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5PSQ-093 Assessment tool for hospital admissions related to medications, 10 questions (at-harm10): a validation study
  1. Y Al-Sammak1,
  2. U Gillespie2,
  3. T Kempen3
  1. 1Uppsala University, Pharmacotherapy, Uppsala, Sweden
  2. 2Patientsäkerhetsavdelningen, Clinical Pharmacy, Uppsala, Sweden
  3. 3Patient Safety, Uppsala University Hospital, Uppsala, Sweden


Background The MedBridge study, with the aim of evaluating the effects of comprehensive medication reviews performed by ward-based clinical pharmacists on elderly patients’ healthcare consumption, started in February 2017. A secondary outcome measure in the study will be drug-related admissions (DRAs) during the follow-up year. As the identification of DRAs inevitably has a degree of subjectivity, a reliable and standardizsed method is required. The involvement of senior clinicians is often deemed necessary, making the assessment relatively expensive. We therefore developed an Assessment Tool for Hospital Admissions Related to Medications, consisting of 10 questions (AT-HARM10), which could be used by less experienced clinical pharmacists and advanced pharmacy students instead.

Purpose To validate the final version of the AT-HARM10.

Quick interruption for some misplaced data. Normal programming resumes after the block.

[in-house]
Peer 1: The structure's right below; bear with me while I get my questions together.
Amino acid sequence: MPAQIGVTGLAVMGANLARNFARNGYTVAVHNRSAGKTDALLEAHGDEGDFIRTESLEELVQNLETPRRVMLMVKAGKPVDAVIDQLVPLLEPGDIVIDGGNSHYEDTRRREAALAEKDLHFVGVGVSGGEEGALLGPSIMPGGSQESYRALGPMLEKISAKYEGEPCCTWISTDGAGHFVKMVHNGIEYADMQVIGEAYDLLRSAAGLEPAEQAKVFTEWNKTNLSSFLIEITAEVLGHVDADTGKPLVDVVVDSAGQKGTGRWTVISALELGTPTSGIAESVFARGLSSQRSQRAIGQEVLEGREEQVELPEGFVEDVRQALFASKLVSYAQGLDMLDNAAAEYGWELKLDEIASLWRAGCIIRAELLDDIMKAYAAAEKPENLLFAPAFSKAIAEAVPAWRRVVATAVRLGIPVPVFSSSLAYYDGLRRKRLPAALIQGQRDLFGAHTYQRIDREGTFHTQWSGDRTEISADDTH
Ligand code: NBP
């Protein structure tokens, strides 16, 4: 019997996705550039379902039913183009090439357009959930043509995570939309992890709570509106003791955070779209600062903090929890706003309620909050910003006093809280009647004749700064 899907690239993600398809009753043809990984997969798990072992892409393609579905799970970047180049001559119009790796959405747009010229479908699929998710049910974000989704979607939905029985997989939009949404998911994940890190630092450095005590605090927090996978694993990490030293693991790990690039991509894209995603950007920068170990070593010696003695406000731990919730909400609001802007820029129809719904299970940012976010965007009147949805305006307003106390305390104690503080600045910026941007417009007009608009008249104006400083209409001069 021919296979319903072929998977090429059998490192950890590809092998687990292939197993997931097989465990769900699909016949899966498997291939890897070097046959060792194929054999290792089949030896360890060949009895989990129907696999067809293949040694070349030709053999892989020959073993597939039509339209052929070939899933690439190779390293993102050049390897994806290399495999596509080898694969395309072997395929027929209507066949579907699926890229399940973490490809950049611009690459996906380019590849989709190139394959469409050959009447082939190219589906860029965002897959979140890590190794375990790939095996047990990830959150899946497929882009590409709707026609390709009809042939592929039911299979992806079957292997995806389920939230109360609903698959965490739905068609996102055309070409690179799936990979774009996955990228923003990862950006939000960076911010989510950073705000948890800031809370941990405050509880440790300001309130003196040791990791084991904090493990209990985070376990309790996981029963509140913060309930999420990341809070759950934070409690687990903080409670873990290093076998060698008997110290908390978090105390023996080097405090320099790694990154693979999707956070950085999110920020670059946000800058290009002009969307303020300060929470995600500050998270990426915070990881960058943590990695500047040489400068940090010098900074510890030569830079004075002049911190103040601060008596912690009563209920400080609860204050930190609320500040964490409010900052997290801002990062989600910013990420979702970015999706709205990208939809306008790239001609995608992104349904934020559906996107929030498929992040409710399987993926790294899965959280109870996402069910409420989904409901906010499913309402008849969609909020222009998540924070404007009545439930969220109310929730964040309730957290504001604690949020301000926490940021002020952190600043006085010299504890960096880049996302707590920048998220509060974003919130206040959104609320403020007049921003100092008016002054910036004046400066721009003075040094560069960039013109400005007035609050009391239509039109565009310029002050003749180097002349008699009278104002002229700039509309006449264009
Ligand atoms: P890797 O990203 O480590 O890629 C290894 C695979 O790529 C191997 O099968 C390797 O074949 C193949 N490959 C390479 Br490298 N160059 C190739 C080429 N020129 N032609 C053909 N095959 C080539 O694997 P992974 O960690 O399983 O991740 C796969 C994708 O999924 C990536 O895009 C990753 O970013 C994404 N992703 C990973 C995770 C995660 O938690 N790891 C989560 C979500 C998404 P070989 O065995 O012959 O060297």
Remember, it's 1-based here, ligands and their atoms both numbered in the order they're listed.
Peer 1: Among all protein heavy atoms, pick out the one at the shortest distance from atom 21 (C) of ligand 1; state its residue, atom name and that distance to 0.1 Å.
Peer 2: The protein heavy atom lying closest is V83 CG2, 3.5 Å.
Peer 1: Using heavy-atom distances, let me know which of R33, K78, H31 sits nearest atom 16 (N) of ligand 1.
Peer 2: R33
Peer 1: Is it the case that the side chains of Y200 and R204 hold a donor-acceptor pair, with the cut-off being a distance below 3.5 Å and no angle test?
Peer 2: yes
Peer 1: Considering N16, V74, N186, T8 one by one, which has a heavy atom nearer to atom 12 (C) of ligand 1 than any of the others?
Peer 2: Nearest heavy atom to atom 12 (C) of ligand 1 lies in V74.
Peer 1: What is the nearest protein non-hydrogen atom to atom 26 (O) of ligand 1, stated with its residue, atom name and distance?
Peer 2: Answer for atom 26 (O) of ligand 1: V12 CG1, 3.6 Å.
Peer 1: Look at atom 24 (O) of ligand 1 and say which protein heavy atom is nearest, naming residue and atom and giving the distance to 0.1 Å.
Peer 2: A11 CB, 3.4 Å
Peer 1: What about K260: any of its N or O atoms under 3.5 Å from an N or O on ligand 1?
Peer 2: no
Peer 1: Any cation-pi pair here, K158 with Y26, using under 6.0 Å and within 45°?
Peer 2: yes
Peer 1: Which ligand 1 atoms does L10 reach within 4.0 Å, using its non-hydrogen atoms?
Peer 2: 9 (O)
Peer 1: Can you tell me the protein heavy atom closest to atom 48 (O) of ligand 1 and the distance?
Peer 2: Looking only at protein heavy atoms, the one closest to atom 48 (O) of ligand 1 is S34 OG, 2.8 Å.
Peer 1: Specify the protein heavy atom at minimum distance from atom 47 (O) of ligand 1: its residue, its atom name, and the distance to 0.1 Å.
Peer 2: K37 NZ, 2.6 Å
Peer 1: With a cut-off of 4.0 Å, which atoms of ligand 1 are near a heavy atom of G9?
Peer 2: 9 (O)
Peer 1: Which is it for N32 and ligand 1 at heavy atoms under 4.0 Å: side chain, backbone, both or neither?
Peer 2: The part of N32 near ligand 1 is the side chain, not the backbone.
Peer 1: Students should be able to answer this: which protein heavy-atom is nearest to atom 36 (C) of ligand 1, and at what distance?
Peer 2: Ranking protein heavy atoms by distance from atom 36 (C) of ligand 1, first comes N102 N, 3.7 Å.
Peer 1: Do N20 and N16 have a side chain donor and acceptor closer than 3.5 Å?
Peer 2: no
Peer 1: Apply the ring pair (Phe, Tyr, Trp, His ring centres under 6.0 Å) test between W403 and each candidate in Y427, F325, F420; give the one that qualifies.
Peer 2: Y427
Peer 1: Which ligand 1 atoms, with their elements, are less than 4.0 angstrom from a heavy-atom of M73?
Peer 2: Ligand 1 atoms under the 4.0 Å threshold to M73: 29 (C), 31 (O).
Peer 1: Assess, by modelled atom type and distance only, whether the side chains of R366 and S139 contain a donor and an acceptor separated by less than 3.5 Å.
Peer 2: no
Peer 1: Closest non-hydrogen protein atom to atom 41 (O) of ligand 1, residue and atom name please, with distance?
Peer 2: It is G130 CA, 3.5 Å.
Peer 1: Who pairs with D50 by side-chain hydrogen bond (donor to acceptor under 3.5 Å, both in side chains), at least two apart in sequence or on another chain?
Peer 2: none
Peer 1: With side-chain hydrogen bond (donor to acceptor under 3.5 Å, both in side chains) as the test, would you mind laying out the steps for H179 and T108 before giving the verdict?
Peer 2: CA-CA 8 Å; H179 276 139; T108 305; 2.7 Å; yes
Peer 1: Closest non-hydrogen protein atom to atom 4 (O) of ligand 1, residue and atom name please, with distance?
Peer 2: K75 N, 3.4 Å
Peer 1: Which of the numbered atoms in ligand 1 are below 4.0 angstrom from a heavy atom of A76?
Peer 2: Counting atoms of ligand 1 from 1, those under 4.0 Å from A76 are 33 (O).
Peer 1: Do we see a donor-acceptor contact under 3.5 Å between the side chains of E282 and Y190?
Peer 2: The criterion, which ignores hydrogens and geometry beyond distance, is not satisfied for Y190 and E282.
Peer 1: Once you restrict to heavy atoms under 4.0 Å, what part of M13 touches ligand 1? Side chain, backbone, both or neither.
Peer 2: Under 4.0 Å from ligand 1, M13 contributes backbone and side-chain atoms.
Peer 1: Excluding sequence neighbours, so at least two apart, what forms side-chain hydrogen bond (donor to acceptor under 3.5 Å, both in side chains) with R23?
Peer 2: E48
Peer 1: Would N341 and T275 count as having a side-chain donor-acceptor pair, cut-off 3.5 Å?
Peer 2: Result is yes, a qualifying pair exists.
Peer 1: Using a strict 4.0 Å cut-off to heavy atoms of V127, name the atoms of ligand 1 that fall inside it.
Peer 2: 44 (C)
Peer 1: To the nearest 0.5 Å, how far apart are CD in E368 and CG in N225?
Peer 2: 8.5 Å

Material and methods The contents and lay-out of the previous version of AT-HARM10 was discussed between the investigator, the supervisors and a group of clinical pharmacists to obtain a new version with good face-validity. This was followed by a validation process where the inter-rater reliability (IRR) and criterion-related validity (CRV) of AT-HARM10 was determined. Five pharmacy students and two clinical pharmacists separately applied the tool to 100 hospital admissions that had previously undergone assessment by one senior clinical pharmacist and one experienced geriatrician, which was regarded as the ‘gold standard’. The results were analysed using Cohen’s kappa and Fleiss’ kappa for IRR, and sensitivity and specificity for CRV.

Results The final version of AT-HARM10 had good face-validity according to the assessors. The tool showed a moderate to substantial IRR with Cohen’s kappa values ranging between 0.45 to 0.75 and Fleiss’ kappa values of 0.46 and 0.58. For the CRV, the sensitivity and specificity ranged between 68% and 82% and 64% and 89% respectively.

Conclusion AT-HARM10 seems to have sufficient capacity to determine whether a hospital admission is medication-related when used by clinical pharmacists or advanced pharmacy students after a half-day training in the use of the tool.

References and/or Acknowledgements Thanks to all pharmacists and students participating in the study and to the experts making up the gold standard.

No conflict of interest

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